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Tag Archives: history

Trump’s election interference trial in Manhattan

by Prof. Heather Cox Richardson Letters from an American What you are witnessing here is something a regular citizen would not have the ability to do in a court of law. So far, the court has shown much lenience for his and his attorneys’ antics. I have not seen this being tolerated. It is meant to wear the system down or provoke a response from the judges. A response which would play back to the fools in support of trump. Wisely, the court...

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Ancient lone elm the Last Ent is ‘guardian’ to new trees

BBC and unknown author msn.com/BBC This kind of kool and interesting. An ancient lone wych elm whose remote Highland location has protected it from Dutch elm disease has been joined by dozens of seedlings for the first time in hundreds of years. The elm – dubbed the Last Ent of Glen Affric – was Scotland’s Tree of the Year in 2019. Ents are mythological tree creatures from fantasy writer JRR Tolkein’s Lord of the Rings. They were the...

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A Confederate Officer Recounts the Virginia Slavery Debate of 1831–1832

by Ron Coddington Life on the Civil War Research Trail A presentation requested by Dale Coberly about what could have happened if Virginia had followed suit in freeing the slaves pre-Civil War. A Slavery debate in the 1830s. ~~~~~~~~ In his 1910 memoirs, Randolph Harrison McKim, a Confederate officer who served on the staffs of Stonewall Jackson and George H. Steuart, recalled stopping by the home of Thomas Jefferson Randolph on a January...

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Michigan Activist John Sinclair Dies at 82

by Christina Clark Iconic Detroit writer and activist John Sinclair died on Tuesday morning at the age of 82 after spending two weeks at DMC Detroit Receiving Hospital for declining health. His cause of death was congestive heart failure, his publicist told the Detroit News.  An advocate for his art, Sinclair served as the manager for MC5, a rock band from Lincoln Park, between 1966 and 1969, and was well-known for his support of the Civil...

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Right-wing attempts to impose Christian nationalism on the United States

History and some excellent up-to-date reporting by Prof. Heather cox Richardson I am sharing here as I subscribe to her Letters from an American. She explains the efforts of a few, a minority of political actors who are attempting to sway the opinions of Americans with their stilted dialogue promoting right-wing beliefs. It should be ignored. However it is . . . – Prof. Heather Cox Richardson Letters from an American In the past few weeks,...

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Manufacturing and construction vs. the still-inverted yield curve

 – by New Deal democrat at the Bonddad Blog Prof. Menzie Chinn at Econbrowser makes the point that the yield curve is still inverted, and has not yet eclipsed the longest previous time between onset of such an inversion and a recession. So he believes the threat of recession is still on the table. And he’s correct about the yield curve, although it is getting very long in the tooth. In the past half century, the shortest time between a 10...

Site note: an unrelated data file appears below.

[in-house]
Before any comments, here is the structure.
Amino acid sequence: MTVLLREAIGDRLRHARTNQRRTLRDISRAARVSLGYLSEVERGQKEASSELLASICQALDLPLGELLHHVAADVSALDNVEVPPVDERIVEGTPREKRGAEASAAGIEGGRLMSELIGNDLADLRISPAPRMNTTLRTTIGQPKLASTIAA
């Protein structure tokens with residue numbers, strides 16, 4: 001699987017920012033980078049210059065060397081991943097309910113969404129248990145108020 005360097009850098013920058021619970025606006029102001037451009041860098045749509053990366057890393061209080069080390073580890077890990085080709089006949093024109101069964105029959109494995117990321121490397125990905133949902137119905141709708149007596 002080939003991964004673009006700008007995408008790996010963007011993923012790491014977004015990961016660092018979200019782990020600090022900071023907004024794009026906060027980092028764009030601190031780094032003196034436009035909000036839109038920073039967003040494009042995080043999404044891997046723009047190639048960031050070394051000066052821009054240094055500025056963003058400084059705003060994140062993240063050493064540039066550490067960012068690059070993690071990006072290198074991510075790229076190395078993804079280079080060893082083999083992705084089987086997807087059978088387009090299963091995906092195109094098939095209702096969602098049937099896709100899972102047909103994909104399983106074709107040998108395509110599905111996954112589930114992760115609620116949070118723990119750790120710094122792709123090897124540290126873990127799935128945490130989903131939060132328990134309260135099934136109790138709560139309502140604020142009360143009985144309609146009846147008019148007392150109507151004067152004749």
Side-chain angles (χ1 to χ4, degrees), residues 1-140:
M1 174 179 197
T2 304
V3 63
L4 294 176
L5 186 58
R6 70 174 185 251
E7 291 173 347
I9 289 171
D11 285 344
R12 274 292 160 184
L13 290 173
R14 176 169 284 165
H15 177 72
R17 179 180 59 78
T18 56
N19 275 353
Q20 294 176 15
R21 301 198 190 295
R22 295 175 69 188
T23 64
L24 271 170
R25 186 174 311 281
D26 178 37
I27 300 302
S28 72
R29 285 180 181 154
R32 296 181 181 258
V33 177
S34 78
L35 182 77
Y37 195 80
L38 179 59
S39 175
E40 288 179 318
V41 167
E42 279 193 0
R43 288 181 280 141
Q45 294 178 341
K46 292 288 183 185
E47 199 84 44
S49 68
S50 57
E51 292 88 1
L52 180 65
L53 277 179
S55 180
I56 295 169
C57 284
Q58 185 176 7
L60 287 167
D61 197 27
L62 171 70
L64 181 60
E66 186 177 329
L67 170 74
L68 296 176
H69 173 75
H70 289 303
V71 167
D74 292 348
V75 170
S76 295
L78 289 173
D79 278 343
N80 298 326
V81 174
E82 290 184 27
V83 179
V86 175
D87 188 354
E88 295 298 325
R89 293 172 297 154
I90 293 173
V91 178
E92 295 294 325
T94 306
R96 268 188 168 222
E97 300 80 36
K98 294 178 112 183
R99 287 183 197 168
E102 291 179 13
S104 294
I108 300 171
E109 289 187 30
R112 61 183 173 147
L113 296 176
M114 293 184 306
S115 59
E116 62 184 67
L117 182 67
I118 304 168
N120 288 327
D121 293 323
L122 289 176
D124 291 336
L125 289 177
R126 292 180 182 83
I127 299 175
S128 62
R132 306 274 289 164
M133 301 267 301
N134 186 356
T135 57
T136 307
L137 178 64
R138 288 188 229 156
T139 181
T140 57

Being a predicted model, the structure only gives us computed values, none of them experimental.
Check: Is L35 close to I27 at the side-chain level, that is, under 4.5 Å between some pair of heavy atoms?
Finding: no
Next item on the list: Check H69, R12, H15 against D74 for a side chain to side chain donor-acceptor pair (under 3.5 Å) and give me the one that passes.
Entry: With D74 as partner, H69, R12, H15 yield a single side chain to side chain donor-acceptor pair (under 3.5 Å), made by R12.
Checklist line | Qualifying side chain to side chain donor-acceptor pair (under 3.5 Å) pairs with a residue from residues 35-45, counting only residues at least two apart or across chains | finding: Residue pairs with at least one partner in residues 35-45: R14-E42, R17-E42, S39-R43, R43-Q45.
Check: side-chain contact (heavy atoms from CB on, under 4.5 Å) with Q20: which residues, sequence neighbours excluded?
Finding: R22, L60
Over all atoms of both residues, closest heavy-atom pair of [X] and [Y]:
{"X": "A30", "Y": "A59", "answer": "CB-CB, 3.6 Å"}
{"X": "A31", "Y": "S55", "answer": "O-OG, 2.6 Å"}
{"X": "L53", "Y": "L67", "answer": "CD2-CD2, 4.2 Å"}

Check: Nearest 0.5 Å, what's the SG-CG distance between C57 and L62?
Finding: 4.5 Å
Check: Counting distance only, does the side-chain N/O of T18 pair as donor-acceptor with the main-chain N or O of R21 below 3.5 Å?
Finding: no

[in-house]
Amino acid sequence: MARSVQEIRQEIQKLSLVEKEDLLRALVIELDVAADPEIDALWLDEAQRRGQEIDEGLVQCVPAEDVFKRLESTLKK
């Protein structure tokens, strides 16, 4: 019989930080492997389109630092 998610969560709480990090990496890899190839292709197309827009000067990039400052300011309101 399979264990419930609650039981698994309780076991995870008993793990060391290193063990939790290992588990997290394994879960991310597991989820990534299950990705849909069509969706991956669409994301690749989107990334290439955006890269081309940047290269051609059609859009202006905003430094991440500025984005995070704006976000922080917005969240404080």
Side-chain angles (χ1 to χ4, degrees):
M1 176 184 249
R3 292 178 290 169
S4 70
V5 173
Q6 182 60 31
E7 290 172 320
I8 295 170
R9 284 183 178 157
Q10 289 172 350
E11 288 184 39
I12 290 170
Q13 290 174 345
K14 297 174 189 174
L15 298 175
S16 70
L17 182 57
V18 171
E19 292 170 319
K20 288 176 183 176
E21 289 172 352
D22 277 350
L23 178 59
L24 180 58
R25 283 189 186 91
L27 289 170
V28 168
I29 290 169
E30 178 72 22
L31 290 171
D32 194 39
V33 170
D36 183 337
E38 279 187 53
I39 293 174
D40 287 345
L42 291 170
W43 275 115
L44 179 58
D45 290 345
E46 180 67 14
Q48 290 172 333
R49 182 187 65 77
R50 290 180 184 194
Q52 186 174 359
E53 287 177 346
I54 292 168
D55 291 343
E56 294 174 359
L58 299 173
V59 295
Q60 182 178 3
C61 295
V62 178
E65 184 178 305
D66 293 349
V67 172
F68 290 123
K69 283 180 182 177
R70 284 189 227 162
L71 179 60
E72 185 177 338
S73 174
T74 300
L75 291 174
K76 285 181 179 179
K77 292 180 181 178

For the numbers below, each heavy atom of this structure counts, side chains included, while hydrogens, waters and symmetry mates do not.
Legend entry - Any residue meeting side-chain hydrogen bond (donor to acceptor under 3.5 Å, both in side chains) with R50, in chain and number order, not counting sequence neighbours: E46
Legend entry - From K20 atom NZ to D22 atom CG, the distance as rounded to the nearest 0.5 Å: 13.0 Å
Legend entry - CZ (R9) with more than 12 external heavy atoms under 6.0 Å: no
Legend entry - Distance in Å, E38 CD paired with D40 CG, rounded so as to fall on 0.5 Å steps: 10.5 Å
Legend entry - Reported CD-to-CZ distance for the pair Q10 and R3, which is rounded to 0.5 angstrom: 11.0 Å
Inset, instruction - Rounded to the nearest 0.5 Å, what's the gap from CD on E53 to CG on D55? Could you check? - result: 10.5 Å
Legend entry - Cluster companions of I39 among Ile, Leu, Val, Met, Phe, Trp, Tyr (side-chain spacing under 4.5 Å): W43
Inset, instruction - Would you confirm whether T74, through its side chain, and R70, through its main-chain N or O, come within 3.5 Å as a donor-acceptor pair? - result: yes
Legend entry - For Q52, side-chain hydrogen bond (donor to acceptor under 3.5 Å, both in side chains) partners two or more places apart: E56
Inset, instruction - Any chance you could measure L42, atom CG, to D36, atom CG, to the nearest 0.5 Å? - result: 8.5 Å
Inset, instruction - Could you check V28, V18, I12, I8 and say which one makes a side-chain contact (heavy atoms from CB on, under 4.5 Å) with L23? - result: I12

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Yesterday, Robert Hur Testified to the House Judiciary Committee

For once and rather than say, Dems blew it again with Republicans; Dems demonstrated they can be crafty too! House Democrats and Joe Biden turned the tables on Republicans and Robert Hur. Professor Heather writes Letters from an American and gives us the rundown on what took place. New York Times, Washington Post, live news casts, etc. all gave their views prior to the 12th. Hear crickets today. I do not believe Robert Hur will walk away from...

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Labour power as a common-pool resource

Labour power as a common-pool resource: in memory of Paul Burkett Human mental and physical capacities to work have elastic but definite natural limits. Those capacities must be continuously restored and enhanced through nourishment, rest, and social interaction. Over the longer term that capacity for labour also has to be replenished by a new generation of young people, reared by the previous generation. It is this combination of definite...

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The Commons of Ameland: An Uncommon History.

There is no ‘tragedy of the Commons.’ But a tragedy of the absence of Commons-as organizations, let’s call it ‘the tragedy of uncommons’, does exist. Below, I will provide the example of the island of Ameland in the Northern Netherlands, in line with the historical examples of successful Commons mentioned by Elinor Ostrom (especially those for Switzerland).  Ownership is a multi-dimensional concept. Up to the 1795 revolution, the island of Ameland, north of Friesland, was not a part...

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Representative DeFazio taking on Boeing

 Taking on Boeing, A senior manager for Boeing’s 737 MAX program testimony about Boeing manufacturing issues and its supply chain. The fatal MAX 8 crashes occurred in 2018 and 2019. He decided to speak up publicly and was then called to testify before Congress on the problems he says he saw up close. The story is at Politico and is accessible. I wanted to read the Congressional Investigation hearing. Below is part of it and an easy read....

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